motives for reflections on self-identity and it is contained in Bartlett's notion of the lack of a European consciousness in the period in question. There is no need to stress the incapability among medieval Europeans of placing their existential identity in a European context. The case is that there was no necessity for such an existential placement. Thus, when we try to establish a historical line between medieval and modern Western identity, it is the historical development of a European consciousness we are studying, that is, how decisive mechanisms were unconsciously formed in the medieval period, and how these mechanisms were consciously exposed and transformed in later periods. This is both the relation and the distinction between the Middle Ages and modern times. The mechanisms constitute the relation, and the exposition and transformation constitute the distinction. Although Dante expresses just one out of many medieval reflections on self-identity, I believe that his concept of Europe outlines some of the problems of using individual medieval cases as expressions of generalities in discussions on the historical development of a European consciousness.
The Geography of Dante's Europe From a historical-philological point of view, Dante's concept of Europe can best be defined as geographic, or rather as a matter of "cosmography", which for Dante was the discipline that included the determination of the different parts of the surface of the earth. According to Dante the globe was divided into two parts: the one was covered by a great ocean with the Mount of Purgatory with the Earthly Paradise on the top as the only land, and the other one was the inhabited part divided into Europe, Africa and Asia. Although he believed that Europeans, Africans and Asians formed the human race, his concept of being a European never refers to a specific cultural identity. The only aspect in his works that indicates such an identity is his statement that Europe was populated by tribes that came from the Orient (De vulgari eloquentia, I, viii, 1-2). Not even
religiously did he believe Europe to be identical with the domain of the Christian Church; he explicitly states that the majority of the inhabitants in his contemporary Europe did not recognize the authority of the Church (De monarchia, III, xiv, 7). Neither was the imperial authority limited to only a European context, but went beyond the borders of Europe (Epistola VII, 11). However, although in his works the Church is often criticized in favour of the Empire, it was for him as for many other Christians in Europe an unquestionable fact that the placement of both authorities in Europe was due to a divine providence: Rome was the holy place of the Church because Saint Peter - "il maggior Piero" (Inf. 2: 24) - had died there as the first pope; and with Rome as the capital Italy was the garden of the Empire - "il giardin de lo'mpero" (Purg. 6: 105). Throughout the medieval period the different aspects of this idea did, as is well known, developed into a conflict between clerical and secular power in the life of the Christians in Europe. But for Dante Europe was still just one part of the inhabited world and the Europeans were only those living there.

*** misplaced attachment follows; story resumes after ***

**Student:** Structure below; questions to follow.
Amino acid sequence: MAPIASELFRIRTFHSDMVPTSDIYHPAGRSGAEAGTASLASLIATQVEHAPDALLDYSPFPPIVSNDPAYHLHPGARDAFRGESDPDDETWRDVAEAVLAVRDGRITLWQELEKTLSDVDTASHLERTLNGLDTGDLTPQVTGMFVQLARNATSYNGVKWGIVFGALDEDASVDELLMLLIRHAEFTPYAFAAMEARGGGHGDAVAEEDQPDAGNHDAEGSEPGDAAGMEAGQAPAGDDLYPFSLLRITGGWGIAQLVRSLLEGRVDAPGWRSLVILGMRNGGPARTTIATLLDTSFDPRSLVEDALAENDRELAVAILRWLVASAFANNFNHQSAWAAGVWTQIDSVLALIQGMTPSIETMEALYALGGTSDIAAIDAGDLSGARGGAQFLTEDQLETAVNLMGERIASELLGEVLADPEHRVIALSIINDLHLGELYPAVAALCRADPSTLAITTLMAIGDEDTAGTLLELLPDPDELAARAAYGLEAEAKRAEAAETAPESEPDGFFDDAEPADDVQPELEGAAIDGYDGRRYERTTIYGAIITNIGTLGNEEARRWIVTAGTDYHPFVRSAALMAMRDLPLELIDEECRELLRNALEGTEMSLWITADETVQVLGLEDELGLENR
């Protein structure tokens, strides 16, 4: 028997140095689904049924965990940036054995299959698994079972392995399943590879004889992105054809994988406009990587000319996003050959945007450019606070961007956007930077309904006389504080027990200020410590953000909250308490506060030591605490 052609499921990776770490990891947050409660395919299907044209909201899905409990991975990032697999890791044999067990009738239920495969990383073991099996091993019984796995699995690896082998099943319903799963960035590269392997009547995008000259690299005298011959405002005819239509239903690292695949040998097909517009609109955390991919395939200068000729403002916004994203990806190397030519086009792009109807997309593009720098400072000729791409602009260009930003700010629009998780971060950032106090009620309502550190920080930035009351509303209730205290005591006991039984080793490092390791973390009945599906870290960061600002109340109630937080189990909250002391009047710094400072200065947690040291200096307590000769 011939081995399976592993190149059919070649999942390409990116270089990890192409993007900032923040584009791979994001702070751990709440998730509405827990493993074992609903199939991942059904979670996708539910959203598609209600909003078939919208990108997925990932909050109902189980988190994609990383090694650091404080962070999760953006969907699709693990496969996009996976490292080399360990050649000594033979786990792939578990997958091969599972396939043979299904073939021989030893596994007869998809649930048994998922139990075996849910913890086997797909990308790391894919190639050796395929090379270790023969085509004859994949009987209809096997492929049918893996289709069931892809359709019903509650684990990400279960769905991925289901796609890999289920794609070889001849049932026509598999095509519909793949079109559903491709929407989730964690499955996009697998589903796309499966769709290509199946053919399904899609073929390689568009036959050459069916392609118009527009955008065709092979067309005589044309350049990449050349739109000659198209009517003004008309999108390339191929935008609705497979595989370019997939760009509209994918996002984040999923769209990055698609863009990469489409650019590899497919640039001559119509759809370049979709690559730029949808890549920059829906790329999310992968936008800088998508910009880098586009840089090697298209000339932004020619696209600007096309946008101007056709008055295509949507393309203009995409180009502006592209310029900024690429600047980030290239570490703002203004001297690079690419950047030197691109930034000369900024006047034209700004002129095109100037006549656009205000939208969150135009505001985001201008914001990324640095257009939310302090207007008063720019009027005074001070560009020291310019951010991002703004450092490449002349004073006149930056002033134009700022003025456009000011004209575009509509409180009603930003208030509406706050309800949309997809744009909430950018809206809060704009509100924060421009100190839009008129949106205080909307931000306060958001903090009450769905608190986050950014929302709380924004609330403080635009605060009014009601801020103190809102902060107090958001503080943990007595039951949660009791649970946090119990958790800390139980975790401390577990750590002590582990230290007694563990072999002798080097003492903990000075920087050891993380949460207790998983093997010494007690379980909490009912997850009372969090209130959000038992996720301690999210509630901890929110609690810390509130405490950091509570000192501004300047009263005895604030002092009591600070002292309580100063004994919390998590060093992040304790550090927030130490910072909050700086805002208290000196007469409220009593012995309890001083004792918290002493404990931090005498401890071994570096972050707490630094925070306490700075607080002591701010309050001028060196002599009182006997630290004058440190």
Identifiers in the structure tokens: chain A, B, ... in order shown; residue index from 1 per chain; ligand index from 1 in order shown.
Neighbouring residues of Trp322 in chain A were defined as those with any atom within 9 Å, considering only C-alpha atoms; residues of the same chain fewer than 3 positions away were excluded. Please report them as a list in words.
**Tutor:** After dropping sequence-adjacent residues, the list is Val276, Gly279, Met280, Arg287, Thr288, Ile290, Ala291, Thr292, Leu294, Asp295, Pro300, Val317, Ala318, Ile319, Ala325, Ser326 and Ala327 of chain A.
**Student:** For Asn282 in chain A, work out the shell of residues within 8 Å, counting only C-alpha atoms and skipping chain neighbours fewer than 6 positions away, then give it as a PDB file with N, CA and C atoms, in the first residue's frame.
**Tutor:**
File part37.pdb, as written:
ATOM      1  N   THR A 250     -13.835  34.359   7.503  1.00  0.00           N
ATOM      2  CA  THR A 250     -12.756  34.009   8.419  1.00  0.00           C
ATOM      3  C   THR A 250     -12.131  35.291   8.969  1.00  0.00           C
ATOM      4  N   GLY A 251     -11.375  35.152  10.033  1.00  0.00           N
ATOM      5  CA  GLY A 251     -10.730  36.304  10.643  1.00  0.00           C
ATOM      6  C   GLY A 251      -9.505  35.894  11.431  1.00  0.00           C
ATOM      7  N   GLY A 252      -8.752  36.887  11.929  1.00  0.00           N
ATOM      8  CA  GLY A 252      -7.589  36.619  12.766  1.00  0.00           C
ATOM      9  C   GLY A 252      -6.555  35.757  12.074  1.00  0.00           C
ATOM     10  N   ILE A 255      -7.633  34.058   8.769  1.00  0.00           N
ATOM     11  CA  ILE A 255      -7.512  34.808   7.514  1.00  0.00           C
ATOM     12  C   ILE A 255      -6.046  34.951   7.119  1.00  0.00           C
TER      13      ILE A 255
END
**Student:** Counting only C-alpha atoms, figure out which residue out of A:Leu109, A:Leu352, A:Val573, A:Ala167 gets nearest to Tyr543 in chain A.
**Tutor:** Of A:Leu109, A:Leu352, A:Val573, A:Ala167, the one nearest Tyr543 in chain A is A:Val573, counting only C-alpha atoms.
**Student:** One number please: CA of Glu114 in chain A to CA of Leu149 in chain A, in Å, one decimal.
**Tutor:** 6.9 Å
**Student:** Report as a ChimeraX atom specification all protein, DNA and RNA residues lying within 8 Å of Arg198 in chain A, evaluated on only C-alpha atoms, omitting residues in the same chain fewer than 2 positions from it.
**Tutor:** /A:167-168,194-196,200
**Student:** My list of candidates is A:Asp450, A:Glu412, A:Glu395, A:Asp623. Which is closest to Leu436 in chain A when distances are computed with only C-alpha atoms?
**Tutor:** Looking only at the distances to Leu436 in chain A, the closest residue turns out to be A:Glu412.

In the Divine Comedy, for example, the term "Europa", signifying the continent as such, occurs three times and only refers to something comparable to a geographic entity: Dante places the fame of the Tuscan Malaspina family in a greater territorial context than Italy, that is, in "tutta Europa" (Purg. 8: 123); he refers to Constantin the Great's transferring of the imperial power to the extreme (Eastern) part of Europe where Aeneas had departed at the fall of Troy (Par. 6: 1-6); and he says that each year Spring comes alive by (Western) winds from that part of Europe where St. Dominicus was born (Par. 12: 48). If we look for similar statements that broaden the geographic elements of his concept, we might note that he had a knowledge of the kingdom of Norway (Par. 19: 39) and he was convinced that beyond the Strait of Gibraltar the great ocean expanded all the way to the Mount of Purgatory, which was created when Lucifer was cast out of the Heavens and fell to the interior of the earth (Inf. 34). Other references, as to the river Tanais or